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Report on Ol Doinyo Lengai (Tanzania) — July 1993

Bulletin of the Global Volcanism Network, vol. 18, no. 7 (July 1993)
Managing Editor: Edward Venzke..

Ol Doinyo Lengai (Tanzania) Increased carbonatite lava production; ash eruptions

Please cite this report as:

Global Volcanism Program, 1993. Report on Ol Doinyo Lengai (Tanzania). In: Venzke, E. (ed.), Bulletin of the Global Volcanism Network, 18:7. Smithsonian Institution. https://doi.org/10.5479/si.GVP.BGVN199307-222120.

Volcano Profile |  Complete Bulletin


Ol Doinyo Lengai

Tanzania

2.764°S, 35.914°E; summit elev. 2962 m

All times are local (unless otherwise noted)


Activity since mid-June has perhaps been greater than at any other time during the current eruption . . . . Explosive eruptions have produced ash clouds visible from the surrounding region, and deposited some ash on the outer slopes of the cone. Lava fountaining within the crater has thrown volcanic bombs up to 10 cm long across the crater floor. New vents opened in the S part of the crater floor 8-29 June, where none had existed since detailed observations began in 1988. Carbonatitic lava extrusion down the outer, W slopes of the cone blocked the former climbing route.

Burra Gadiye (Sengo Safaris Ltd.) reached the W crater rim on 6 April. There was little change since late February, although T20 had clearly been the source of lava flows that reached the base of the W wall (figure 28). A loud explosion was heard at 0400 on 22 May at Karatu (70 km S) by Gadiye. An explosion near the summit at that time was later reported by residents of Ngare Sero (~10 km N).

Figure (see Caption) Figure 28. Panorama of Ol Doinyo Lengai crater looking E from the W rim, 6 April 1993. Drawn by C. Nyamweru from a photograph taken by Therese Berhault and Dominique Chevallier.

By the time of an 8 June ascent by Gadiye, T20 had grown to the same approximate height as T5/T9, which was emitting steam. A new vent near the N wall (T21), the source of recent lava flows, had no liquid lava visible. There was also a new dome or low mound (T22) near the W wall (figure 29). A large amount of steam was being emitted from a crack between the two buttes near the W rim, between which the path led. An earthquake was reported on 14 June by Gadiye, and dark, dense plumes from the crater could be seen from Ngare Sero, causing local Maasai herdsmen to move their livestock. The next day, Gadiye and some visitors climbed a considerable distance up the W trail before being stopped by flowing lava that apparently originated between the two buttes. Gadiye was able to dip the end of his walking stick into the very liquid lava flow. Dark ash was being erupted from within the summit crater.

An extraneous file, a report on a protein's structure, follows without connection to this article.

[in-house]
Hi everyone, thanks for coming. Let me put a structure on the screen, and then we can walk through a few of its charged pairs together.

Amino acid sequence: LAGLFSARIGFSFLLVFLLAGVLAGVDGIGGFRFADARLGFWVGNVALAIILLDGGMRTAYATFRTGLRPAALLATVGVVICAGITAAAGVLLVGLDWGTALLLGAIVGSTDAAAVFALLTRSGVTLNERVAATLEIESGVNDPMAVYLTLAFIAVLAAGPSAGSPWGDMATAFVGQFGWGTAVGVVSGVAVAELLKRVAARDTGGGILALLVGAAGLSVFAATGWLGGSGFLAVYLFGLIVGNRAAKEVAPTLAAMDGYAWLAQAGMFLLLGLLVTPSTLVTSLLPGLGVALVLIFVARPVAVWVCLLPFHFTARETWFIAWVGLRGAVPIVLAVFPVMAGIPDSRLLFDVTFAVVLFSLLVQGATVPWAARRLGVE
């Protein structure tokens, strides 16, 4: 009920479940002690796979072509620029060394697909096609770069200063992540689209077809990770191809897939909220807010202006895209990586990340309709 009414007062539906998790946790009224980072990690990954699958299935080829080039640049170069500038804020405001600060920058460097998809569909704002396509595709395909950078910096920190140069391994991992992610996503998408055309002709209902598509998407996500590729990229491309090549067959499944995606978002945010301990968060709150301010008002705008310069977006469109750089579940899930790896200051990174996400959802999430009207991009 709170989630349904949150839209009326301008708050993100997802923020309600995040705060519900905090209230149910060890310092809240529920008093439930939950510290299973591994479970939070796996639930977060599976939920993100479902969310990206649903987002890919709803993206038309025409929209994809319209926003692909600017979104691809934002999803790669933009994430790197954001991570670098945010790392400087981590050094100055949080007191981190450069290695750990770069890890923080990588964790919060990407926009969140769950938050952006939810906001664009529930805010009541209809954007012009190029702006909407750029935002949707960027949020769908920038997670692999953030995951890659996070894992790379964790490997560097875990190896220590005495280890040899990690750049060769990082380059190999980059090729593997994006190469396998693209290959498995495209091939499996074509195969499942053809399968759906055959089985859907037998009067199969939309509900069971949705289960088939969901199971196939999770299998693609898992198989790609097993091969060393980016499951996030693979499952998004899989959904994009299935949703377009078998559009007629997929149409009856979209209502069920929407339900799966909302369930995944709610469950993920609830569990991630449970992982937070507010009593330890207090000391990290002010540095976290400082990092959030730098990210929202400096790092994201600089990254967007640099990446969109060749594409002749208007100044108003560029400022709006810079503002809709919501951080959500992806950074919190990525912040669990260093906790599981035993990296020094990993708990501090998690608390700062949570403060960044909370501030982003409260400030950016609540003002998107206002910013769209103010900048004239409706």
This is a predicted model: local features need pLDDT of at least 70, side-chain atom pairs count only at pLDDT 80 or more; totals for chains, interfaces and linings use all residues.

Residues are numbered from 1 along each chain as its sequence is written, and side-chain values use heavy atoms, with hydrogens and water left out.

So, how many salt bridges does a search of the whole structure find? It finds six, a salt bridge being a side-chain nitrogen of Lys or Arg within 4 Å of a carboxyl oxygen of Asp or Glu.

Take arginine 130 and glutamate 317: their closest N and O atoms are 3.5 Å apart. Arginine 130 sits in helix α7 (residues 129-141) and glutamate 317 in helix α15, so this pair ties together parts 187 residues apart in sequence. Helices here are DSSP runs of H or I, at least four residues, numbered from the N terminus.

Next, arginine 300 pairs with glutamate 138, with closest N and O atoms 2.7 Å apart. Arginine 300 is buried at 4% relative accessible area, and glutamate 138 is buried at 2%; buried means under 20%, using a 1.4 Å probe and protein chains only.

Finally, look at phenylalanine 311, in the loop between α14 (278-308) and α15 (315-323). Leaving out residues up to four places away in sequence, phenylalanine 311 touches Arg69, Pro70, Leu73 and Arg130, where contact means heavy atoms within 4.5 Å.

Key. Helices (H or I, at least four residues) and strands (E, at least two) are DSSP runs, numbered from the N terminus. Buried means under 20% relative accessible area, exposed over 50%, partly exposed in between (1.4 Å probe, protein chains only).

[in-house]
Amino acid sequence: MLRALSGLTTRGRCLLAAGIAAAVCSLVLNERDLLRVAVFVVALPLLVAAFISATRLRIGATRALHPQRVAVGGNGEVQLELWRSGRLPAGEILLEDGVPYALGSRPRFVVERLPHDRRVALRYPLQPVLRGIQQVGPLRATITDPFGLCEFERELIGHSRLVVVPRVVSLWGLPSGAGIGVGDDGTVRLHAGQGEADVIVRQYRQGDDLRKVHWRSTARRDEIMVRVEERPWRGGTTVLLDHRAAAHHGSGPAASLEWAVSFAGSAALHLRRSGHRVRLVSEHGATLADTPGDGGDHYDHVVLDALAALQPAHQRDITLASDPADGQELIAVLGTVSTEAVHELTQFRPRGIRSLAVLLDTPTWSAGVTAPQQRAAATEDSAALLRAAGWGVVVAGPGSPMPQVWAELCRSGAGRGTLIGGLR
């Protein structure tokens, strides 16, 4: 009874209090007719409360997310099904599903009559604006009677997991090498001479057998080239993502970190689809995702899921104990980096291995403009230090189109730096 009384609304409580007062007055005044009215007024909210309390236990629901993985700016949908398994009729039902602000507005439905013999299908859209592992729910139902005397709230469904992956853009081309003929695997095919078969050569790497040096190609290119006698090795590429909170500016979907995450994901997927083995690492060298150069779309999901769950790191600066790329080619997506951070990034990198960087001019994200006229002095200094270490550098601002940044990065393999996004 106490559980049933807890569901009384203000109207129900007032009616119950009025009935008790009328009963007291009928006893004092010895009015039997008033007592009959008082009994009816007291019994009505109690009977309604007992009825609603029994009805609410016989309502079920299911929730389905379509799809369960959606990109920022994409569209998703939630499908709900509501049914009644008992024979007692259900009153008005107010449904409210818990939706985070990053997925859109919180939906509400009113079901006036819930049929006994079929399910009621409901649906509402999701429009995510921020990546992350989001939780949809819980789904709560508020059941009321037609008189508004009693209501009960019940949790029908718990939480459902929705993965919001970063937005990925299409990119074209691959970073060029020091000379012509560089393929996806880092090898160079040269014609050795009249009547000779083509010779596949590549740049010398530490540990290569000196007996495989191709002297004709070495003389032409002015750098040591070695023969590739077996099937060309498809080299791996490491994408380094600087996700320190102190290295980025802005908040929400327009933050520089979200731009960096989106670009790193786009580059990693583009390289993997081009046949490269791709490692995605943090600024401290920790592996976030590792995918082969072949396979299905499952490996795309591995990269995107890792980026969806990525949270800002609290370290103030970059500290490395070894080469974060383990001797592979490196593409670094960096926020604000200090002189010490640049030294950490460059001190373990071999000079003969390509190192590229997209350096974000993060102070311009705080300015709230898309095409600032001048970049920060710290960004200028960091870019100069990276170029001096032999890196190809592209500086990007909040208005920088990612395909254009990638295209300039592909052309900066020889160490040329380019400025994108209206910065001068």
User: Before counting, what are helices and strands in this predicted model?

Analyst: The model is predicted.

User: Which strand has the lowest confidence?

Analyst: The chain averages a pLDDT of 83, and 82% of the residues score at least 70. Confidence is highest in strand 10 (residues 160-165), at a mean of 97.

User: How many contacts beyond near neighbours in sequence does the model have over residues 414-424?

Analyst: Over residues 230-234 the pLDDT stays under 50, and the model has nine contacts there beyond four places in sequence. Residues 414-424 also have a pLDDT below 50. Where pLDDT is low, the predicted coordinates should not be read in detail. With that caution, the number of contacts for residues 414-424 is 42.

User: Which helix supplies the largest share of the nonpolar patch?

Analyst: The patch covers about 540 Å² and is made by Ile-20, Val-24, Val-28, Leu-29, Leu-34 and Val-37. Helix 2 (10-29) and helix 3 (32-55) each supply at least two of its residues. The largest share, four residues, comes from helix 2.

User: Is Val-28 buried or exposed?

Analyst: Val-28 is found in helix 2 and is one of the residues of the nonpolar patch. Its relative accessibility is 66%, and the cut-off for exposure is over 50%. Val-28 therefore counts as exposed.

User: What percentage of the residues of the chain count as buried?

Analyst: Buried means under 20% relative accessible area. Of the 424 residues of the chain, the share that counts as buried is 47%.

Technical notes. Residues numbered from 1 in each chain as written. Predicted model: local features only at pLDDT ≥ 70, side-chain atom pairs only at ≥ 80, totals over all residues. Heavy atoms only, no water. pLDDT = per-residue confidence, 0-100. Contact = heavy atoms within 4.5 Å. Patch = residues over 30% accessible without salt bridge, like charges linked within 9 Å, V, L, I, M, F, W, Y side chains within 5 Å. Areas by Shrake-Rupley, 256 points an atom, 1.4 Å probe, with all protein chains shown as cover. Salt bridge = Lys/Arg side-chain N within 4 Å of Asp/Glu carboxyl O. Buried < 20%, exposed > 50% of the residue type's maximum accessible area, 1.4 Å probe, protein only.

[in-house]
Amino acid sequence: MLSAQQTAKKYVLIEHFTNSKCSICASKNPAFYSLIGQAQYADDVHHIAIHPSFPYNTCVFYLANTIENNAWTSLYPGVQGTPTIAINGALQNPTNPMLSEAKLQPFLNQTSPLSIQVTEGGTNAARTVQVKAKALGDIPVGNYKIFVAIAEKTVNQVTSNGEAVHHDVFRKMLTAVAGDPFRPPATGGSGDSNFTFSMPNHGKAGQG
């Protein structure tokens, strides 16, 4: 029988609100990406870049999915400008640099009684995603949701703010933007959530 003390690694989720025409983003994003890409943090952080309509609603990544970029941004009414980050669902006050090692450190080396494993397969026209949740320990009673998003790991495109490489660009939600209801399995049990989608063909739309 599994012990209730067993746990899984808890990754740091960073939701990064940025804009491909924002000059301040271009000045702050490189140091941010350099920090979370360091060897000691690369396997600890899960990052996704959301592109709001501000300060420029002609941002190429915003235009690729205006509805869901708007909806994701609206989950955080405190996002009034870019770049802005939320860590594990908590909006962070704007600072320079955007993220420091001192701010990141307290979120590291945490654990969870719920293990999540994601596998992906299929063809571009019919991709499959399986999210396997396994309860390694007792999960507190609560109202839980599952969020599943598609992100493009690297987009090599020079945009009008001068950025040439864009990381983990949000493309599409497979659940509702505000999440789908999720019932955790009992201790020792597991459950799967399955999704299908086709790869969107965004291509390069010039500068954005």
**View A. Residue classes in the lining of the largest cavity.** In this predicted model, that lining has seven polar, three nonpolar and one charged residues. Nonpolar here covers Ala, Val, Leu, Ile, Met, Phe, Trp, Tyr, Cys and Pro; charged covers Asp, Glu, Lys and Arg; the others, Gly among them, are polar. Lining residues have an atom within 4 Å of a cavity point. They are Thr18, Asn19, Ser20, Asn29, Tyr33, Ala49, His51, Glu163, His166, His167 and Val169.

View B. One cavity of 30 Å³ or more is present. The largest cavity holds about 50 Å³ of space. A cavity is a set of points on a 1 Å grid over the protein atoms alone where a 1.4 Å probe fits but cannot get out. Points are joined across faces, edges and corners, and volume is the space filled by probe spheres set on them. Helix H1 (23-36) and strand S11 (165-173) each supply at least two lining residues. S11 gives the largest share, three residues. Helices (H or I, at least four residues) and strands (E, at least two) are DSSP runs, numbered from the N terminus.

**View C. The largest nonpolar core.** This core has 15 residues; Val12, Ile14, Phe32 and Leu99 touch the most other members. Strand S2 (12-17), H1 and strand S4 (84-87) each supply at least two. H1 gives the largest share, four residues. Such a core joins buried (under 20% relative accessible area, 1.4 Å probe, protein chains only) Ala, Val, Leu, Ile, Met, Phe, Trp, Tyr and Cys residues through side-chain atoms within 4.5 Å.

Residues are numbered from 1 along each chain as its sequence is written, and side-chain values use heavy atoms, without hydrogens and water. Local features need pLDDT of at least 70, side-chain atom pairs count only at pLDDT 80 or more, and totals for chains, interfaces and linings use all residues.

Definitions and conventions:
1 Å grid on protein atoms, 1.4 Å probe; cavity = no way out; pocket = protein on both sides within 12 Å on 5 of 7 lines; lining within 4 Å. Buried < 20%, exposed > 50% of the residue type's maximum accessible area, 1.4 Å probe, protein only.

Figure (see Caption) Figure 29. Sketch map of the crater of Ol Doinyo Lengai, 29 June 1993. Arrows on the crater floor indicate fresh lava flows. Drawn by C. Nyamweru from field sketches by C. Shrady and T. Peterson. Locations of T21 and T22 on 8 June are based on an interview with Burra Gadiye by Celia Nyamweru.

Gadiye reported that ash fell on the W flank on 18 June, a black ash cloud rose from the summit at 1300-1500 on 21 June, and ash fell on local residents from 0800 to 1400 on 25 June after black ash clouds were blown E. A pilot who overflew the crater the week before 26 June (M. Bornir), reported that about half the crater was a bubbling black mass, two lava fountains were ejecting black material high into the air at short intervals, a new cone had formed, and smoke was abundant along the crater walls. Small light-colored plumes were seen from the surrounding area on the morning of 26 June, but when a group from St. Lawrence Univ arrived in mid-afternoon, they saw only a few small puffs of ash or steam from the summit at 1818-1821.

On 27 June, C. Nyamweru, C. Shrady, T. Coburn, and G. Cornwell (St. Lawrence Univ), Jumanne Juma (Dorobo Safaris Ltd.), and Danieli Kirway were unable to reach the crater rim from the W. No ash clouds were observed, but steam was seen at or near the W rim and a strong smell of sulfur was occasionally detected far down the outer slopes. A light dusting of fine gray ash on the outer slopes, increasing slightly in thickness towards the rim, covered leaves, spider webs, and small stones. Much of the vegetation near the summit was brown and dead. Steep rock slabs a few hundred meters below the rim were covered with several centimeters of loose ash, making climbing very difficult. The gap between the buttes had been blocked by a rockslide, apparently related to the 15 June lava flow. The dimensions of the lava flow were not measured, but the solid, cold surface was composed of broken slabs, some of which had pahoehoe structures.